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Smart Grid and Renewable Energy, 2012, 3, 126-132 doi:10.4236/sgre.2012.32018 Published Online May 2012 (http://www.SciRP.

org/journal/sgre)

Experimental Study of a Solar Adsorption Refrigeration Unit, Factorial Analysis


Ghassan M. Tashtoush*, Bourhan M. Tashtoush, Mustafa M. Jaradat
Mechanical Engineering Department, Jordan University of Science and Technology, Irbid, Jordan Email: gtash@just.edu.jo Received November 14th, 2011; revised April 28th, 2012; accepted May 4th, 2012

ABSTRACT
An experimental study was performed on an adsorption refrigeration unit powered by a solar energy and equipped with three different types of activated carbon (1: Coconut, 2: Palm seeds, 3: Charcoal). In this Study design, factorial analysis and optimization of a prototype unit were described. The activated carbon coupled with methanol was used as an adsorbent-adsorbate pairs. Experimental tests were carried out on an adsorptive solar-powered refrigerator for the three pairs. The temperatures of the bed of each adsorber and the corresponding refrigerator temperature for both the adsorption and desorption cycles respectively were recorded and studied as a response. Then a factorial analysis was carried out considering the type of activated carbon and the times interval as factors. The results showed that coconut have the highest bed temperature during the day cycle with a mean of 77.5C and the lowest mean temperature during the night cycle with a mean of 12.9C. In addition, it was found from the analysis that the coconut shell activated carbon has the highest coefficient of performance of 0.25. Keywords: Solar Adsorption; Activated Carbon; HVAC, SAR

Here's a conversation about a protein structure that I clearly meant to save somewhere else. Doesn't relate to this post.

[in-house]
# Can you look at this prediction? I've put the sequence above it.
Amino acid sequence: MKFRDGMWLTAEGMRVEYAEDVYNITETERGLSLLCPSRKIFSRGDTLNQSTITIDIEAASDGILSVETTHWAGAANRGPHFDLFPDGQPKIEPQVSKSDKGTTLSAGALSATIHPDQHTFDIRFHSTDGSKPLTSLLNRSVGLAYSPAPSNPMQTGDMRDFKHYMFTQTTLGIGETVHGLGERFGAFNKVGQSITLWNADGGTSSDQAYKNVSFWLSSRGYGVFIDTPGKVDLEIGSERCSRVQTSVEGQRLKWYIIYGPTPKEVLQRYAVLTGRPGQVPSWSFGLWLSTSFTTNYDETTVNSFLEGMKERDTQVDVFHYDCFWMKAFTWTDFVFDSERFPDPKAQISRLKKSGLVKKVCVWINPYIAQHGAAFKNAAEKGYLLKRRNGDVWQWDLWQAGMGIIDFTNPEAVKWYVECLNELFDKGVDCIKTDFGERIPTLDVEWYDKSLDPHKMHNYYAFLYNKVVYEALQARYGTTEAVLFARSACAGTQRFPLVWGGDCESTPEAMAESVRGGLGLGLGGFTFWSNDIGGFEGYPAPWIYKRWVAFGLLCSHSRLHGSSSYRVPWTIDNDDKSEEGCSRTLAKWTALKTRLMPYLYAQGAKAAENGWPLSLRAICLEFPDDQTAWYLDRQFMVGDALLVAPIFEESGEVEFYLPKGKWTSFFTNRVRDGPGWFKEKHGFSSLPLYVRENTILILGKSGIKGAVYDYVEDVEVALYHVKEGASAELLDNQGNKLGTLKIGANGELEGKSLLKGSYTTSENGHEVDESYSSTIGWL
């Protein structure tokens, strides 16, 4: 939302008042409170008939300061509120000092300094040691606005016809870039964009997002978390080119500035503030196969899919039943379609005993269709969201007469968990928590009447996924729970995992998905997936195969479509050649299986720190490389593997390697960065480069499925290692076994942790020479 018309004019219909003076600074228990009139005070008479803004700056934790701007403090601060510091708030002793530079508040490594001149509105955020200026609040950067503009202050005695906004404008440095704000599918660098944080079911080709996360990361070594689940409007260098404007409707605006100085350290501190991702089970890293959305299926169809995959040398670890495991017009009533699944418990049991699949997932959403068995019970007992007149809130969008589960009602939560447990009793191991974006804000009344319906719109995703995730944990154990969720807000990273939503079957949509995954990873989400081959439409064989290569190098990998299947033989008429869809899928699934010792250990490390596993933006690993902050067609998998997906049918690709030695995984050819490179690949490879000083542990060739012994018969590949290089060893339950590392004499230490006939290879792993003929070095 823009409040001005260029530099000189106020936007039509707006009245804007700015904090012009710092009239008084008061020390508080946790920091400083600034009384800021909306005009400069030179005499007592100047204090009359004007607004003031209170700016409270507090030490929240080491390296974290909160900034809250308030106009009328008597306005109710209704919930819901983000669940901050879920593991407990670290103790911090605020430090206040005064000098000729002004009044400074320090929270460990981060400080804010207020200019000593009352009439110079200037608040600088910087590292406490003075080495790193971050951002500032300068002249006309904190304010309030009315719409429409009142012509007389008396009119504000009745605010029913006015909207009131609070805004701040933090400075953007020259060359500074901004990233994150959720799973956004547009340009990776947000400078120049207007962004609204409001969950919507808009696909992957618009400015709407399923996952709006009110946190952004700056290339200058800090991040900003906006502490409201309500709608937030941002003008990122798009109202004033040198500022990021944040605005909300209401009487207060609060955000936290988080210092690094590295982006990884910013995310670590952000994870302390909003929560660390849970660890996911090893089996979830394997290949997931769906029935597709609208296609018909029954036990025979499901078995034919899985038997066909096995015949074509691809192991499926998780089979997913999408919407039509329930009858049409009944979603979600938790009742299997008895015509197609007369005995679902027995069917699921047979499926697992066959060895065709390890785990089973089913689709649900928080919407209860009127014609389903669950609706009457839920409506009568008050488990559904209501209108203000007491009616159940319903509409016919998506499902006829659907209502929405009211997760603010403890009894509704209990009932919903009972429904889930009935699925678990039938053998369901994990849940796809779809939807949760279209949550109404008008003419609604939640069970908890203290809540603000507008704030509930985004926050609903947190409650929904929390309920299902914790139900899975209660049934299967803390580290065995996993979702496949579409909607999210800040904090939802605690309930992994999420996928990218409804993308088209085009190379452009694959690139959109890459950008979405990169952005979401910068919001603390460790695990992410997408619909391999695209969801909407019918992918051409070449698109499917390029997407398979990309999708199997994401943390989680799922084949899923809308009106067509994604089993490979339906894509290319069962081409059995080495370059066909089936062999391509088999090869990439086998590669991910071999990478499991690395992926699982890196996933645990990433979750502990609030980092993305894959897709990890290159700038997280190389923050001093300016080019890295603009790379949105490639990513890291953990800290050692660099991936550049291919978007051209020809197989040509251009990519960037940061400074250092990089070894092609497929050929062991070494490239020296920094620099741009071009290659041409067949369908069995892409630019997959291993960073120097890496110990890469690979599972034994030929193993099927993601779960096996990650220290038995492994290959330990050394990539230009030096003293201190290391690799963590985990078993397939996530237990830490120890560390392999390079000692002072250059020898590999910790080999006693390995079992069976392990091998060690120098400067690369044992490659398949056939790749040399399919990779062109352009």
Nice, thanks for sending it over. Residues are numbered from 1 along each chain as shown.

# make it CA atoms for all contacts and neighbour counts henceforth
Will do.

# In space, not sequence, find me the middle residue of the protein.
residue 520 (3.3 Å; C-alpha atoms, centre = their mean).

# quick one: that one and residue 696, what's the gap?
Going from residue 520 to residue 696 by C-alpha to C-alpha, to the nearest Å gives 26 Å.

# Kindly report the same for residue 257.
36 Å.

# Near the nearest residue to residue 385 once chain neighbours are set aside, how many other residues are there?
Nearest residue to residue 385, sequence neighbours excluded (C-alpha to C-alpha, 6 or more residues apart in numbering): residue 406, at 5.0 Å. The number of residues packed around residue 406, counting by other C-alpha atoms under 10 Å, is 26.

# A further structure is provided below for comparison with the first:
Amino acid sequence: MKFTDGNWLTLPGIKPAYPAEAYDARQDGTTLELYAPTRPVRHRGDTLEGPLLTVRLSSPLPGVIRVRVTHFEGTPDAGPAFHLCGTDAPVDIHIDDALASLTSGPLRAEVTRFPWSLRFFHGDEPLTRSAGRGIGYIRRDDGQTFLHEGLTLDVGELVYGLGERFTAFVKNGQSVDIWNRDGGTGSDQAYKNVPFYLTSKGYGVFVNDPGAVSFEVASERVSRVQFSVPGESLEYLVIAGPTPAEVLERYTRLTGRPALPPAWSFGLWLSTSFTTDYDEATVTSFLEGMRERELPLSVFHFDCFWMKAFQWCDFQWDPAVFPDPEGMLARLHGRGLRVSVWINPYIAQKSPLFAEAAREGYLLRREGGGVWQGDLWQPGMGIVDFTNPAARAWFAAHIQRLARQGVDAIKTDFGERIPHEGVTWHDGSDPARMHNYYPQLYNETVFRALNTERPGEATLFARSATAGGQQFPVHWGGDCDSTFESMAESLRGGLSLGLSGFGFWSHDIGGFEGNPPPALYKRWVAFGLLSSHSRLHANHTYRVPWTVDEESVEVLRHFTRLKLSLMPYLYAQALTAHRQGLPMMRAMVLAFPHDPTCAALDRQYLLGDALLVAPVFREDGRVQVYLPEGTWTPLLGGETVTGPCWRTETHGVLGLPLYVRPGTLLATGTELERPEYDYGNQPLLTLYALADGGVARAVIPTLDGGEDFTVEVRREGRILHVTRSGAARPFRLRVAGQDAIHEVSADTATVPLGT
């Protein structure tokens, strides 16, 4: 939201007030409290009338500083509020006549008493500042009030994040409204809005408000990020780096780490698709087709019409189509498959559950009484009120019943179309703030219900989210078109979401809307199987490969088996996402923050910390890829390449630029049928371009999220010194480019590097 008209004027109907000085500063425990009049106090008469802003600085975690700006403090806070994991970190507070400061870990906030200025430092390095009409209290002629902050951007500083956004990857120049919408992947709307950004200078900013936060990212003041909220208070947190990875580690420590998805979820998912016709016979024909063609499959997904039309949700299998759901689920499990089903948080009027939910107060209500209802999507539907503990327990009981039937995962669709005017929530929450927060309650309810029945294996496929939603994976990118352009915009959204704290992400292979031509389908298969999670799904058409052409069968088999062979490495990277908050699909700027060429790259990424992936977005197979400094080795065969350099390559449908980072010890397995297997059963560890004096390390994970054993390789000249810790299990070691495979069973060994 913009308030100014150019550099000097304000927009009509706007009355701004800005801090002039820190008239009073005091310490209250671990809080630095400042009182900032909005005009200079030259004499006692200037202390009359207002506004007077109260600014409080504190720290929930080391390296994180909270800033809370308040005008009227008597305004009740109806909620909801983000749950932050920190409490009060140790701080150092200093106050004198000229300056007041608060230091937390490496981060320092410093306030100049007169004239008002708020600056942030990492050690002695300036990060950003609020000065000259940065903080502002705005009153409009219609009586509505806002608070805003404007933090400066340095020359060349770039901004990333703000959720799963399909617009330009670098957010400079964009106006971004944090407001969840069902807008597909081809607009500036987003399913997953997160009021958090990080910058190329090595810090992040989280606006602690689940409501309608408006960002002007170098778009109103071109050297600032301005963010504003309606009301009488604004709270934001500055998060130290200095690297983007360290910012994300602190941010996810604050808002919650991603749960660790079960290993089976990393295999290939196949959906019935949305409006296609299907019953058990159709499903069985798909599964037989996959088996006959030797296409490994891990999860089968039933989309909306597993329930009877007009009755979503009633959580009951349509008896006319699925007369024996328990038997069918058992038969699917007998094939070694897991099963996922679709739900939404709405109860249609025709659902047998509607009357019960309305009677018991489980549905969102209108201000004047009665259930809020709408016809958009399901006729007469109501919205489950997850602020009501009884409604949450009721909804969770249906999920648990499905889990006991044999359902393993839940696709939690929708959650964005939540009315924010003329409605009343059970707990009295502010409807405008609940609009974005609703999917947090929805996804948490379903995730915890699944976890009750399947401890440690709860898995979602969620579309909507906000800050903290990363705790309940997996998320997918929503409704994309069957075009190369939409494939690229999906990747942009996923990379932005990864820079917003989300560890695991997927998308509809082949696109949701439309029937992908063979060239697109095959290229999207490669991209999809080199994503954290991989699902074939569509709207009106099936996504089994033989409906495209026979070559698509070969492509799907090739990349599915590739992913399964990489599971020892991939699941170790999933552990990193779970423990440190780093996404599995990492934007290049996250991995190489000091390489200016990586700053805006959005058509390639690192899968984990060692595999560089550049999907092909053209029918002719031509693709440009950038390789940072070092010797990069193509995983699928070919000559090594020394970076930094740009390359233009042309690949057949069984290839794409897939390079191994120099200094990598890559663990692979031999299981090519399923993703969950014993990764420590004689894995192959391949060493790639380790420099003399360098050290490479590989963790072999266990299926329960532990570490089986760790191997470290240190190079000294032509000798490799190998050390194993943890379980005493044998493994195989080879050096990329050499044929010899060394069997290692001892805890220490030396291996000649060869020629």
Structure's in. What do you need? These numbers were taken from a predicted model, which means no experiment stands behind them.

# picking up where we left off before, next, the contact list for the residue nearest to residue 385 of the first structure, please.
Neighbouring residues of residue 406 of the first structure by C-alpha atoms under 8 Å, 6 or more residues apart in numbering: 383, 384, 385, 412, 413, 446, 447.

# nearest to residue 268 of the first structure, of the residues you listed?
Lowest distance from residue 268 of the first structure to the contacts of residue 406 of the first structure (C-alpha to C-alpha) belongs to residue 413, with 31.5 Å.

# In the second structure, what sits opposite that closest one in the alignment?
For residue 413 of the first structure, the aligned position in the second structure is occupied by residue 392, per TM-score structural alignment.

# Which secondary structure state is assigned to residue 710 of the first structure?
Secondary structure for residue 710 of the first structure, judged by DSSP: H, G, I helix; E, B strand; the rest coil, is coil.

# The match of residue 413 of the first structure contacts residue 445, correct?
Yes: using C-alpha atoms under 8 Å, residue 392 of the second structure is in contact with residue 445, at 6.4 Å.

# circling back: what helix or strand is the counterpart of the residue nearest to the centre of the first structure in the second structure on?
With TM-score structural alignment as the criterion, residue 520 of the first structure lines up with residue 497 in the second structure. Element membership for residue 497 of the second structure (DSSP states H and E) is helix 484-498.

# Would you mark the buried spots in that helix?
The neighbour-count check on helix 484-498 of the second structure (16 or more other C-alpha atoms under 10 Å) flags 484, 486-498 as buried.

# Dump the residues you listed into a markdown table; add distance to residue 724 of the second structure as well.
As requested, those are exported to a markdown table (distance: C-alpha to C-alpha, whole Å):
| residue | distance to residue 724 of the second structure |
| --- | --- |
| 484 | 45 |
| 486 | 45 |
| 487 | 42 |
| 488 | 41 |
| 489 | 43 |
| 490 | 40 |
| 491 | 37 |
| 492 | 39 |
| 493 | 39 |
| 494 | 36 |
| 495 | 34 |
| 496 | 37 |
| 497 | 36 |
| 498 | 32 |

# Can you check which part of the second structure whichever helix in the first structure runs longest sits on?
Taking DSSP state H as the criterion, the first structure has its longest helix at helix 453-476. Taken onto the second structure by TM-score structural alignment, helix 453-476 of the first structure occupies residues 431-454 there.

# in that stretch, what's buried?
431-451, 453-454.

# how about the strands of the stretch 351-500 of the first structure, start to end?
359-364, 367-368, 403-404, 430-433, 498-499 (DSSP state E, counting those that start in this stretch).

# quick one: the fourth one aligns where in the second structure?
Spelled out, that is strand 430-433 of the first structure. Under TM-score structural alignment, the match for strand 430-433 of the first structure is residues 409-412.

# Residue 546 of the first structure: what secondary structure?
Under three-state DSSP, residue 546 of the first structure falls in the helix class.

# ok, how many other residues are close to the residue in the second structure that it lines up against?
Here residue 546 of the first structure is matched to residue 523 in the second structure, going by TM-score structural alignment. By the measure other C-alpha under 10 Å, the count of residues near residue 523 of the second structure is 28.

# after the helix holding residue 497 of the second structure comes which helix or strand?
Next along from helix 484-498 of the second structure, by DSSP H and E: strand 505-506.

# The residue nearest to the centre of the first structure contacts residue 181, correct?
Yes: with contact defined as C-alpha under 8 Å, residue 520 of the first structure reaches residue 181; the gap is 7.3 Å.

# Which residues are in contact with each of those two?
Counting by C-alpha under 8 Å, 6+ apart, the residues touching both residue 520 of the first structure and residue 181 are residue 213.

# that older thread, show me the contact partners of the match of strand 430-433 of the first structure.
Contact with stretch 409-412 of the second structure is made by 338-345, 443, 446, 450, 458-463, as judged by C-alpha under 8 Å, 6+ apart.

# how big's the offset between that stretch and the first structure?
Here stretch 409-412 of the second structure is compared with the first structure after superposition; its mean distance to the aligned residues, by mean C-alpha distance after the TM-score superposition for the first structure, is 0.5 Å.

1. Introduction